Anselm Kiefer White Cube, Bermondsey: In this instance, it seems the perfect place for this exhibition. So perfect I felt it was over-designed. The perspex boxes of wires, cables are too perfectly matching, autumnal; this could be a fashion collection doesn’t Vogue recommend this kind of palette at this time of year, in tweed? Browns, rusts with a splash of turquoise? Nothing vulgar. Nothing synthetic. Organic colours.
Anselm Kiefer’s art is still incredibly powerful and inclusive, to my mind – JCM
But this is art, not fashion and its subjects – if presented on the catwalk or at an interior design show – would elicit some cries of ‘inappropriate’ and worse because Kiefer is an artist who deals in horror, personal, political, historical and psychological horror. This is his subject matter.
In the corridor, the vitrines line the walls, impressing like the ritual corridors of ancient power. ‘Believe in my seriousness,’ they shout. See I have even become faux-mathematical, I have equations scrawled on my lids through which you see my machine innards. Those equations, you won’t understand them, they’re far too clever for you. Their presence blinds the viewer with science. It tells you that this is not simply an art class you’re attending, but you’ve wandered into physics. You won’t understand, of course, but you can wonder at the glorious ineffable power of formulae.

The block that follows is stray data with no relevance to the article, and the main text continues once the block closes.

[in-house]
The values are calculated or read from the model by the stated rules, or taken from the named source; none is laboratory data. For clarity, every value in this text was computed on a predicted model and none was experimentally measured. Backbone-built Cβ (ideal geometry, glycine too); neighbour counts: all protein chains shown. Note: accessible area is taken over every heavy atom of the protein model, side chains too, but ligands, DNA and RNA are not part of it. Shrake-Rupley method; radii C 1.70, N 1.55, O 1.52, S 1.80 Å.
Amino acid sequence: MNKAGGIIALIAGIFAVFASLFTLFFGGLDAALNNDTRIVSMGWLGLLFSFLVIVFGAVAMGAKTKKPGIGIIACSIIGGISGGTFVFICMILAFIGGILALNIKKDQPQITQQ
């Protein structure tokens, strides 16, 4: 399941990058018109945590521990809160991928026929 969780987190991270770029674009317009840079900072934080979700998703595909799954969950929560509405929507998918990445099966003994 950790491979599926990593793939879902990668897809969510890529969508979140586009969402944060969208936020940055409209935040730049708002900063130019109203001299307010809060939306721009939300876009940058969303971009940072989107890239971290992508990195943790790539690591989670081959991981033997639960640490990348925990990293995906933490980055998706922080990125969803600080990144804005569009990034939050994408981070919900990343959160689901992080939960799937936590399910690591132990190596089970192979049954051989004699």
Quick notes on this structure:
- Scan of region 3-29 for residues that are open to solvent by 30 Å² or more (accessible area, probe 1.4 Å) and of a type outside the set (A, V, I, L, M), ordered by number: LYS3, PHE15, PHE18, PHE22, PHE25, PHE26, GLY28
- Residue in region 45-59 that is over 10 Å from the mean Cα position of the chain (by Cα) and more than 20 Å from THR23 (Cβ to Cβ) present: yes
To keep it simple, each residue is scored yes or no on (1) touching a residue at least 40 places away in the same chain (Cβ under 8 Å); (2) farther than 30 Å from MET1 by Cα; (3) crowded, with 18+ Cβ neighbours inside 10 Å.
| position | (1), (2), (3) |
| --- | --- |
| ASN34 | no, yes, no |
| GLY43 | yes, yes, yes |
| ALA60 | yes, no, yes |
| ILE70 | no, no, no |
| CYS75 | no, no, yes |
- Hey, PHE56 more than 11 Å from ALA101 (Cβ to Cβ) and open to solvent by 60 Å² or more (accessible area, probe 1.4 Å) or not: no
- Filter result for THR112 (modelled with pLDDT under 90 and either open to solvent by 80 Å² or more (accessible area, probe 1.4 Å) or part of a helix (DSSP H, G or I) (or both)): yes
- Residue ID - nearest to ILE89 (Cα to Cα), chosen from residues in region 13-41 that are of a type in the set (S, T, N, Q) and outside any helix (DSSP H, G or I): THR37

This collection of cases of beautiful innards is ‘Superstrings, Runes, The Norns, Gordian Knot’ (2019). Its title is also the title of the exhibition, and it brings together the central idea, making it explicit that humanity has become too small for Kiefer’s subject. He has broken out of human tragedy into analysing through paint and sculpture the nature of the universe. Fate is not simply affecting humans but the whole universe.
The paintings show how Kiefer has broken out of the cabins where humans have been confined in tragedy to turn a wide-angled lens on the cemeteries of open spaces, the massacre-fields. The sky spirals in a celestial eye. There’s blood spattered on this wintry palette. Again these huge canvases are oh so tasteful despite their use of earthy organic elements – the corn, the burnt wood, the charcoal dirtying the white paint, but not too much, so it still looks cleanish, like reasonably fresh snow.
These are works created by an artist who works in a barn. They feel open, used to the space of the countryside. Burning books, one of Kiefer’s favourite images, could be so claustrophobic, but in these settings, they stand more like sculptures in the fields. Burnt pages whirl like birds. The cold heat of a natural bonfire burns in these paintings, and even though they ostensibly depict I feel like they are channelling forces of nature. The dark end that winter and bone fires bring to the end of the season rather than destructive human forces.